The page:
equivalent masses of elements
Equivalent masses can be determined by the following methods:
1. Hydrogen displacement method
2. Oxide method
3. Chloride method
Metal displacement method
This method is used to determine the equivalent mass of those metals
such as magnesium, zinc and aluminium which react with dilute acids and readily
Mg + 2HCl -> MgCl2 + H2
Zn + H2SO4 - > ZnSO4 + H2
2Al + 6HCl - > 2AlCl3 +
From the mass of the metal and the volume of hydrogen displaced, the
equivalent mass of the metal can be calculated.
This method is employed to determine the equivalent mass of those
elements which readily form their oxides eg. magnesium, copper etc. Oxide of an
element can be formed by direct method or by indirect method.
Magnesium forms its oxide directly on heating
2Mg + O2 ® 2 MgO
In the case of copper, its oxide is obtained in an indirect manner i.e.
copper is dissolved in concentrated nitric acid and the copper(II) nitrate
formed after evaporation is strongly heated to give copper (II) oxide.
Cu + 4HNO3 ® Cu(NO3)2 + 2H2O + 2 NO2
2Cu(NO3)2 ® 2CuO + 4 NO2 + O2
Mass of the element taken = w1 g
Mass of the oxide of the element = w2 g
Mass of oxygen = (w2-w1) g
- w1) g of oxygen has combined with w1 g of the metal.
8 g of oxygen
will combine with w1 / (w2 - w1) x 8
This value represents the equivalent mass of the metal.
The equivalent mass of those elements which
readily form their chlorides can be determined by chloride method. For example,
a known mass of pure silver is dissolved completely in dilute nitric acid. The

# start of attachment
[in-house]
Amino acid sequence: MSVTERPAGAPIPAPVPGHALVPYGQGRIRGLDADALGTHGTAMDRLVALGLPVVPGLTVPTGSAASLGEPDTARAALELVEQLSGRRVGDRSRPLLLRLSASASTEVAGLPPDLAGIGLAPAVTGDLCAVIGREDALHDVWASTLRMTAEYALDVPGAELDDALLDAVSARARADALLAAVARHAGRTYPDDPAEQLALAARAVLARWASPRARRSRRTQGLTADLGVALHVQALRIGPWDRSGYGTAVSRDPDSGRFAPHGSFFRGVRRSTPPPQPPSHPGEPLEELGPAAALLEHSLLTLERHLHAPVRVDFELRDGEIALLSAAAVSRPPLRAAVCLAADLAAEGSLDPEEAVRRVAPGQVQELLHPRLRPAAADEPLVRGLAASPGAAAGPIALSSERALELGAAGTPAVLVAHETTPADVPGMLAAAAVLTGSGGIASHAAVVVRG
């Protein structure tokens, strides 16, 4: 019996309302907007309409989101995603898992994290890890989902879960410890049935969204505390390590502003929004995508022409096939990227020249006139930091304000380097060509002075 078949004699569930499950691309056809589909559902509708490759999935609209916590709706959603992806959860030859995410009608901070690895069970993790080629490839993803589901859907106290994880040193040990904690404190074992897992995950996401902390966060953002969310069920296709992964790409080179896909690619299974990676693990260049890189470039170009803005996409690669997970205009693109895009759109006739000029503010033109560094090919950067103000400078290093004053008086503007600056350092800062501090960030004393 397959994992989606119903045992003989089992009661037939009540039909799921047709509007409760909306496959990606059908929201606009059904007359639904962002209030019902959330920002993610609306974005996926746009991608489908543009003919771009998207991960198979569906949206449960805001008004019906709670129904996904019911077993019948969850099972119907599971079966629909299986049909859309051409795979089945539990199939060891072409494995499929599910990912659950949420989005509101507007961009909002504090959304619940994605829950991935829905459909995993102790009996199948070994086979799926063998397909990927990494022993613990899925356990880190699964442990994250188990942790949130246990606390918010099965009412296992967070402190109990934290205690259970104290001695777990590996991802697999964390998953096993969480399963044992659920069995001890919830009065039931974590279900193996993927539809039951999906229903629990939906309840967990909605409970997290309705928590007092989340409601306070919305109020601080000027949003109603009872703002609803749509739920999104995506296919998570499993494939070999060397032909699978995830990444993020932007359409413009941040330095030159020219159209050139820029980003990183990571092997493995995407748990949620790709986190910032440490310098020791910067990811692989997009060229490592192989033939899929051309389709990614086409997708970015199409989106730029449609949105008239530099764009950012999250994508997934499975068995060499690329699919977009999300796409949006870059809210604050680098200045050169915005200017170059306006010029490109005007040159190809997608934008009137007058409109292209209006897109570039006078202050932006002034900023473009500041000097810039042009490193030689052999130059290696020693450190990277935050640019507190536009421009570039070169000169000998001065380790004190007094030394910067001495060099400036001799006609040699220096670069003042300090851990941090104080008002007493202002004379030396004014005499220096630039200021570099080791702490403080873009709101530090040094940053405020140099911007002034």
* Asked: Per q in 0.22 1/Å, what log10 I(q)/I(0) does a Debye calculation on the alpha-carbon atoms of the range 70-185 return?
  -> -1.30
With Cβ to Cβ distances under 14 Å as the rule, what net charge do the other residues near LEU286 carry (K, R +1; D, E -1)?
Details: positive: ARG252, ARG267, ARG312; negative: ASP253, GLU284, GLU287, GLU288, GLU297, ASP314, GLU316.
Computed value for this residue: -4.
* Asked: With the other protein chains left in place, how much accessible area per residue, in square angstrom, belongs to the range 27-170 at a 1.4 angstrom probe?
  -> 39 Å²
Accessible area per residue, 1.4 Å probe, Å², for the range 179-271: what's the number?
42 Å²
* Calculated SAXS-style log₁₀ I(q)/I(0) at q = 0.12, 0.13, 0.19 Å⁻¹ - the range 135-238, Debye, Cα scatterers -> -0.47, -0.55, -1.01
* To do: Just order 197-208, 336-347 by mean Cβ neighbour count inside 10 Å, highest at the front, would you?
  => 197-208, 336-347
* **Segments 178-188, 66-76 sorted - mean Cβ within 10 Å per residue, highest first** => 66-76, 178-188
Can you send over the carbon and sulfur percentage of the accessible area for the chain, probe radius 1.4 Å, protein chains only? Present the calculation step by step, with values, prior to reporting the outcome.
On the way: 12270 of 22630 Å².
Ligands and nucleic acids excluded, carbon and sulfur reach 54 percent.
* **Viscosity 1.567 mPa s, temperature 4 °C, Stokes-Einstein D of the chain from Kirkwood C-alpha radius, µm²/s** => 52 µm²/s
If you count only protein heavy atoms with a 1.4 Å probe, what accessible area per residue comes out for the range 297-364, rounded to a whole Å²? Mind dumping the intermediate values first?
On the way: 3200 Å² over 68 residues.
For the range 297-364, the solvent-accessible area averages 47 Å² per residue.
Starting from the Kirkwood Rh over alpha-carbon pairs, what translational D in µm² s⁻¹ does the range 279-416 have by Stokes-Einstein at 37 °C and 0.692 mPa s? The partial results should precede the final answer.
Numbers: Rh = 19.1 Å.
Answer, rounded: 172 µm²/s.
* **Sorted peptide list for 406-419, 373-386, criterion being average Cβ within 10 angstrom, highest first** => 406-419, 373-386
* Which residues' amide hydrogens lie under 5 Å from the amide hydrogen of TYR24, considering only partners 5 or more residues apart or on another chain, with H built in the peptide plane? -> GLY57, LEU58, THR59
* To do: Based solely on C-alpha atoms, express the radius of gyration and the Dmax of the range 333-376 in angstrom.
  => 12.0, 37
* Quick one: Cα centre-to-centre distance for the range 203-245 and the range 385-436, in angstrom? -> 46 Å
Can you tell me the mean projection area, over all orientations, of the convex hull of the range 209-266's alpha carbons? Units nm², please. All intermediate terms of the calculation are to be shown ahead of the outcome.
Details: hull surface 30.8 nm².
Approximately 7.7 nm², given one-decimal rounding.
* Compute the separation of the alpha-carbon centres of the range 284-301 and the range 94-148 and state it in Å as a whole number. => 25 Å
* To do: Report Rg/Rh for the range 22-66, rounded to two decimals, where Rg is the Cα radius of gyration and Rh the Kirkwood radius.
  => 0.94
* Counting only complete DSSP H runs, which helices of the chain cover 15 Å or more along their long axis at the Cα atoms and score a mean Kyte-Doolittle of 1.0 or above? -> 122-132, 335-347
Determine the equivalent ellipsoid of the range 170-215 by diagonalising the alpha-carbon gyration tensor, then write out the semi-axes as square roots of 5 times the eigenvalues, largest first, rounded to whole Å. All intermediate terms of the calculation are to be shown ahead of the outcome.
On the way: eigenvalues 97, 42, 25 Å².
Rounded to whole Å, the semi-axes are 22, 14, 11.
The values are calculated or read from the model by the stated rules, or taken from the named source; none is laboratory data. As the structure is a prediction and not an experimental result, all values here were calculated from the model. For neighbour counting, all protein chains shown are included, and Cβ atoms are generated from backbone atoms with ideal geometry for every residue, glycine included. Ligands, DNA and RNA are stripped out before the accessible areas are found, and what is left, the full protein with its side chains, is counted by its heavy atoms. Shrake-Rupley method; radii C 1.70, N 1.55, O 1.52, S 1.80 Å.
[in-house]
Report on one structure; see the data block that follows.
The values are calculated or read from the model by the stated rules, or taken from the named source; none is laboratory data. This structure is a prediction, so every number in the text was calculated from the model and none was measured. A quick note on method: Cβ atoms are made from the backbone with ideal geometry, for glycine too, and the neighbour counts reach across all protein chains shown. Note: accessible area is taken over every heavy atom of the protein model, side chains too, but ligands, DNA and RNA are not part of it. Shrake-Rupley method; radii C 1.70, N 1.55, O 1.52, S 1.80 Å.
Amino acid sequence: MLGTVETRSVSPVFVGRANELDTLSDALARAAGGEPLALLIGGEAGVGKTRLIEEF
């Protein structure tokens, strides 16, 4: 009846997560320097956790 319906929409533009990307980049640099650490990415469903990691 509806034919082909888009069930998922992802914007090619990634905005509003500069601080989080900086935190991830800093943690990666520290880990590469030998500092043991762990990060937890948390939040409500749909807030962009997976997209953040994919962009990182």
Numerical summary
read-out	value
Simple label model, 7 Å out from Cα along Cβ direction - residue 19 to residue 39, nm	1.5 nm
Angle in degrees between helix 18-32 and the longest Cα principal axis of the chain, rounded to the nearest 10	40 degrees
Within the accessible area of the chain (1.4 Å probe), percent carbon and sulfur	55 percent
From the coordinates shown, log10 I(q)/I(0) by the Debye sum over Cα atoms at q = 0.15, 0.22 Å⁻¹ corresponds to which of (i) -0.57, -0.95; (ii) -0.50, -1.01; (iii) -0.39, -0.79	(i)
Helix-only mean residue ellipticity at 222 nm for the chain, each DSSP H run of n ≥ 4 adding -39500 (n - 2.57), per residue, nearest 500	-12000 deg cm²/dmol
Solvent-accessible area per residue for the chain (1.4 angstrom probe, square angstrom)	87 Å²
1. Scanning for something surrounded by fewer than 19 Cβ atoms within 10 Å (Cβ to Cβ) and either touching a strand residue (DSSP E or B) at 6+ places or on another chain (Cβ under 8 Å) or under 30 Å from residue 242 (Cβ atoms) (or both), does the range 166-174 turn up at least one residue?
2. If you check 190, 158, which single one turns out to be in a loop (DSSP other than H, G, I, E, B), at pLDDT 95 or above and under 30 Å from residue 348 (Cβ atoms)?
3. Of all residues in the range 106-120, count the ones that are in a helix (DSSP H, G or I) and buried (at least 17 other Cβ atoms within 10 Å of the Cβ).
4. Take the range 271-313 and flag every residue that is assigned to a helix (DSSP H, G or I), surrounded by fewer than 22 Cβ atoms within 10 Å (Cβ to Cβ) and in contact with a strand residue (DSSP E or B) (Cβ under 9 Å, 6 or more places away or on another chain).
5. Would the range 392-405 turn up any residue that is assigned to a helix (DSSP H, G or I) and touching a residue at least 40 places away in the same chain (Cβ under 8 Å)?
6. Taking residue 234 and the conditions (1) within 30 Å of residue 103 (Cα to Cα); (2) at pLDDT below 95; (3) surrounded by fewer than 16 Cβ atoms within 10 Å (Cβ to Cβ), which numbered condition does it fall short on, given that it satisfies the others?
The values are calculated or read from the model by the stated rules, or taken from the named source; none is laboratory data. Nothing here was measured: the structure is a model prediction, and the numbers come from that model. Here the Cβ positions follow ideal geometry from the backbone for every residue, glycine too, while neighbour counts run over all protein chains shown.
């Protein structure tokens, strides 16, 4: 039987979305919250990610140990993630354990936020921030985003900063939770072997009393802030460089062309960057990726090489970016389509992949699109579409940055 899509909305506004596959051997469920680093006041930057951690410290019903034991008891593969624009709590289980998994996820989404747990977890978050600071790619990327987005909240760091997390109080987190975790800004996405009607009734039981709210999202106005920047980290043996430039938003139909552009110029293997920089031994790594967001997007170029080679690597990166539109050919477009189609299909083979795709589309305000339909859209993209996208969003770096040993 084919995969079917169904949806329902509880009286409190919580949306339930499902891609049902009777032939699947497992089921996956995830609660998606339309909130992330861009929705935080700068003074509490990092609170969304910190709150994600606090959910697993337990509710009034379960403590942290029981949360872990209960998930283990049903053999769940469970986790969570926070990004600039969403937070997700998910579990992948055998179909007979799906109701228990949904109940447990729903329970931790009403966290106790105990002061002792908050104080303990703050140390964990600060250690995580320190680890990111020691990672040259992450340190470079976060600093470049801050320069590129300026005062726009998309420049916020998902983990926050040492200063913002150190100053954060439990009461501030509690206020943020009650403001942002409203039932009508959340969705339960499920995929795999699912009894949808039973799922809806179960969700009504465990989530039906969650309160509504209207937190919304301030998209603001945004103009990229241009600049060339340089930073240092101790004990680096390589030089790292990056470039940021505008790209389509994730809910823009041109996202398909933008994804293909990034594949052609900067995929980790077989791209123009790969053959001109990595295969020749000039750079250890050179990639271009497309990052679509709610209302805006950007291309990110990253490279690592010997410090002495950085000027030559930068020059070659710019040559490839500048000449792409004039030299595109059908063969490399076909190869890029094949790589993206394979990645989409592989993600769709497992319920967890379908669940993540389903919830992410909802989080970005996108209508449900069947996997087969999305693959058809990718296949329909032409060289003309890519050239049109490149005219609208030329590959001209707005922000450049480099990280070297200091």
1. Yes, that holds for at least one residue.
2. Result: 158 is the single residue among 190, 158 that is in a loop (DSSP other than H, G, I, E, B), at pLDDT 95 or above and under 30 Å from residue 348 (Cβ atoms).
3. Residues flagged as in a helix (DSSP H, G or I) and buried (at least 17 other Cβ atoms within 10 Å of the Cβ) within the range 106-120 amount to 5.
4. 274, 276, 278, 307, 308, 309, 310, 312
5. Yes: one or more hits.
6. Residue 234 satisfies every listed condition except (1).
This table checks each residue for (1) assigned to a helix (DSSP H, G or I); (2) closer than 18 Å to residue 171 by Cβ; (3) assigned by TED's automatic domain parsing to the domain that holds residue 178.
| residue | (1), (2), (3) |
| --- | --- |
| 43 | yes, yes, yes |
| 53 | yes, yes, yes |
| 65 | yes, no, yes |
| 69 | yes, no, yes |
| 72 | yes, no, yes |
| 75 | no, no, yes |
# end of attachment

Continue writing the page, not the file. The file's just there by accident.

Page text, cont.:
resulting silver nitrate solution is treated with pure hydrochloric acid when
silver chloride is precipitated. It is then filtered, dried and weighed. Thus
from the masses of the metal and its chloride, the equivalent mass of the metal
can be determined as follows :
Mass of the metal = w1 g
Mass of the metal chloride = w2 g
Mass of chlorine = (w2 - w2) g
(w2 - w1) g of chlorine has combined with w1
of the metal
35.46 g of chlorine will combine with 35.46 x w1 / (w2 - w1) g of the
This value gives the equivalent mass of the metal.
Uses of volumetric
If the volume of the acid is represented as V1, the normality
of the acid as N1, volume of base as V2 the normality of
the base as N2, then from the law of volumetric analysis it follows
V1 x N1 = V2 x N2
All volumetric estimations are based on the
above relationship. If any three quantities are known, the fourth one can readily
be calculated using the above expression.